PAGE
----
My family sets a fair amount of spiritual stock in dreams. It’s part of our culture, even though we are as thouroughly assimilated as any family in America is going to get.
I dreamt last night of comfort. The details are blurred, as in all dreams, but I remember the overwhelming feeling of comfort and love. It wasn’t a solitary comfort, it was one shared between people, and the act of sharing doubled and redoubled it.
(Yes, I have been reading Dame Julian of Norwich’s Showings on the bus, in between playing Lego Star Wars on my DS. Much like C. S. Lewis, I am finding her v. v. dangerous. Like John of the Cross, I’m finding selective quoting by theologians and greeting card writers has softened her into something almost wholly unrecognizeable from the firey, flowery, passionate [in all senses of the word] woman who wrote in that cell in England.)
It’s not hard to trace where this dream came from. I spend pretty much all day hooked into my RSS reader. One of the last things I read last night was this post at Elizabeth+’s place.
A long time after watching the video, I thought to myself, “Only Methodists would protest in harmony.”
I didn’t think that at the time. It’s hard to think when your heart is breaking.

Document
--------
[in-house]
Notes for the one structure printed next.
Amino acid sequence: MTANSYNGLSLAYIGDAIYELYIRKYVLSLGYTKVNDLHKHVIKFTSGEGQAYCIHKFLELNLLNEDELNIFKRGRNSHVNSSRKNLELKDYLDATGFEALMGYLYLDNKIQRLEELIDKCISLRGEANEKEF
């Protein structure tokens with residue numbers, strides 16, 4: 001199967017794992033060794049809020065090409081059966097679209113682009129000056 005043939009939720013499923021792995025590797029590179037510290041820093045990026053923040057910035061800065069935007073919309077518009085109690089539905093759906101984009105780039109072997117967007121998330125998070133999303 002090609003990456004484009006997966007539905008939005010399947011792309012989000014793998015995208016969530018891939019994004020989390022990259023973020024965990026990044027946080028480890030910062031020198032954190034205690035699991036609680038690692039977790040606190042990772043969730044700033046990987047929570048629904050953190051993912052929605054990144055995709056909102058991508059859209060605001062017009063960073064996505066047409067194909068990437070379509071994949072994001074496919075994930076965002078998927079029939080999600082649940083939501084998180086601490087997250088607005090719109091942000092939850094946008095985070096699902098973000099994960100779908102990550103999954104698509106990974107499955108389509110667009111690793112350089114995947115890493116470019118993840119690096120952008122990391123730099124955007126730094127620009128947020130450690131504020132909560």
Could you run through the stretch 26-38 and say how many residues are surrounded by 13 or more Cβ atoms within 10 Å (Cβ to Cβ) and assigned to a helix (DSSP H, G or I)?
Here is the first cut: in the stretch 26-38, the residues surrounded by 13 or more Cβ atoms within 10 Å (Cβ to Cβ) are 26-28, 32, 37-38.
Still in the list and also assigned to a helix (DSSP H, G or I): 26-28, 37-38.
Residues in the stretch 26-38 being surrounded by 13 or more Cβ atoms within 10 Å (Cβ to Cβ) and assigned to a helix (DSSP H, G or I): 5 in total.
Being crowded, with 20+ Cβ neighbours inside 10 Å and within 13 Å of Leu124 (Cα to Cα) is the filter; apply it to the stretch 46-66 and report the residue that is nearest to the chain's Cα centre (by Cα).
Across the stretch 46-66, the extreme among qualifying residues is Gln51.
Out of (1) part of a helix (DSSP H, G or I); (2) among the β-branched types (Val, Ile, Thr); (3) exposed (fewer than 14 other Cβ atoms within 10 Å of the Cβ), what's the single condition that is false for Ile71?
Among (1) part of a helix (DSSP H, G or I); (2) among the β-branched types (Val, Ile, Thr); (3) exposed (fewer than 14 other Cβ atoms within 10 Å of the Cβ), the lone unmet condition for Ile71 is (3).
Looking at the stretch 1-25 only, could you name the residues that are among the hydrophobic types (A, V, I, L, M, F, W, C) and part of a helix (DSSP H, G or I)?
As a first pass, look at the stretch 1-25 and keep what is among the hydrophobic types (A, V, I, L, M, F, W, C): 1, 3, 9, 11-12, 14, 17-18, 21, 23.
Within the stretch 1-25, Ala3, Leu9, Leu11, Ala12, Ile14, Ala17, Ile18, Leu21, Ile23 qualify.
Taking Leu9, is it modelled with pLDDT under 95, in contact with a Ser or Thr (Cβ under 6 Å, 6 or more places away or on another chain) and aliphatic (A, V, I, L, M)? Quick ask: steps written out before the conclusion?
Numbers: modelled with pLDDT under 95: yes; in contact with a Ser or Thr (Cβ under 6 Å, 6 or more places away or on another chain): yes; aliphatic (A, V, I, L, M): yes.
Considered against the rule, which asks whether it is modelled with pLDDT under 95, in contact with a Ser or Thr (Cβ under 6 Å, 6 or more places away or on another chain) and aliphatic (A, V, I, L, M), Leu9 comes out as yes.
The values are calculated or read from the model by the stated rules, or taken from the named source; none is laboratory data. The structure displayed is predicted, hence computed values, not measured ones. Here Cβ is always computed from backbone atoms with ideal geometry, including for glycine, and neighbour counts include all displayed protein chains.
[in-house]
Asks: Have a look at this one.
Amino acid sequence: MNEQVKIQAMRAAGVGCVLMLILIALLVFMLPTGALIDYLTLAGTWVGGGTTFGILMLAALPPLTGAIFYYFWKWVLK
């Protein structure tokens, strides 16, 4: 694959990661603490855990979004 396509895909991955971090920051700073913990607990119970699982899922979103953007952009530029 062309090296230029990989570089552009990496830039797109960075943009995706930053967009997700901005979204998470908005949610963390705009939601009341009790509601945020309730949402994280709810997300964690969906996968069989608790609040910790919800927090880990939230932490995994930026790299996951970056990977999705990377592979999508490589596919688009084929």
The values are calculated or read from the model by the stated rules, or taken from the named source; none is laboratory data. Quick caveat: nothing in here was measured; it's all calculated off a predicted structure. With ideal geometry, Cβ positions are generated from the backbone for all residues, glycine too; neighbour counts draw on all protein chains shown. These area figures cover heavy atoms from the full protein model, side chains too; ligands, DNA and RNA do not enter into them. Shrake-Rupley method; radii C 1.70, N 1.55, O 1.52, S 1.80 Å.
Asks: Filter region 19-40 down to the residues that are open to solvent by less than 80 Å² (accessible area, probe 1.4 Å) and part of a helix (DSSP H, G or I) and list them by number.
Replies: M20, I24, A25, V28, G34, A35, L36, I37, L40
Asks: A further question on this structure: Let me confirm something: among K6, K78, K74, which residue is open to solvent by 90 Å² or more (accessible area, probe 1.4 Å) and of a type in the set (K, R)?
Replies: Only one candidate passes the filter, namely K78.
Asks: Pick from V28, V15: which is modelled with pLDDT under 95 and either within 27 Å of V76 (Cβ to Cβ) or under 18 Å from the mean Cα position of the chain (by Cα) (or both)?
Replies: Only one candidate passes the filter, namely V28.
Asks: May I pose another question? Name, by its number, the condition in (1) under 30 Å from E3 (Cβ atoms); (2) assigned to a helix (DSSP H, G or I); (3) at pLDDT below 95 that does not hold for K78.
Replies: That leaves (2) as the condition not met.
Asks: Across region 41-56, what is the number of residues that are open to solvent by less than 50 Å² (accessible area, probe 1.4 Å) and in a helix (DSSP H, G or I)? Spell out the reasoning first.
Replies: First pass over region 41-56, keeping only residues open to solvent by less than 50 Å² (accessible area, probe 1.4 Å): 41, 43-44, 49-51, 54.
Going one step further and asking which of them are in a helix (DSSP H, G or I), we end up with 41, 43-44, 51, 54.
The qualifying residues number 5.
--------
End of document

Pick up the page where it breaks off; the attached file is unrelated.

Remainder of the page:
Especially when you thought it couldn’t break any more. Especially when you thought you’d come to terms with the rejection and built a new family just down the theological block.
Incompatible. It’s a word you expect out of the mouth of a Dalek, or a Borg. HAL, maybe.
The people who raised me, who blessed me, who loved on me every chance they got and saved me (and we’re not talking metaphorical happy-clappy-Come-to-Jesus saving, here, we’re talking if I hadn’t gone to that Methodist summer camp in 1993, I would be dead and long buried), have once again declared me incompatible.
I am incompatible.
I ask God for an answer, I get a dream.
I ask God for a Word, I get Isaiah 40.
Ok, you’re mostly Episcopalians. I’ll take pity on you. This is out of The Message.
“Comfort, oh comfort my people,”
says your God.
“Speak softly and tenderly to Jerusalem,
but also make it very clear
That she has served her sentence,
that her sin is taken care of—forgiven!
She’s been punished enough and more than enough,
and now it’s over and done with.”
Thunder in the desert!
“Prepare for God’s arrival!
Make the road straight and smooth,
a highway fit for our God.
Fill in the valleys,
level off the hills,
Smooth out the ruts,
clear out the rocks.
Then God’s bright glory will shine
and everyone will see it.
Yes. Just as God has said.”
A voice says, “Shout!”
I said, “What shall I shout?”
“These people are nothing but grass,
their love fragile as wildflowers.
The grass withers, the wildflowers fade,
if God so much as puffs on them.
Aren’t these people just so much grass?
True, the grass withers and the wildflowers fade,
but our God’s Word stands firm and forever.”
Climb a high mountain, Zion.
You’re the preacher of good news.
Raise your voice. Make it good and loud, Jerusalem.
You’re the preacher of good news.
Speak loud and clear. Don’t be timid!
Tell the cities of Judah,
“Look! Your God!”
Look at him! God, the Master, comes in power,
ready to go into action.
He is going to pay back his enemies
and reward those who have loved him.
Like a shepherd, he will care for his flock,
gathering the lambs in his arms,
Hugging them as he carries them,
leading the nursing ewes to good pasture.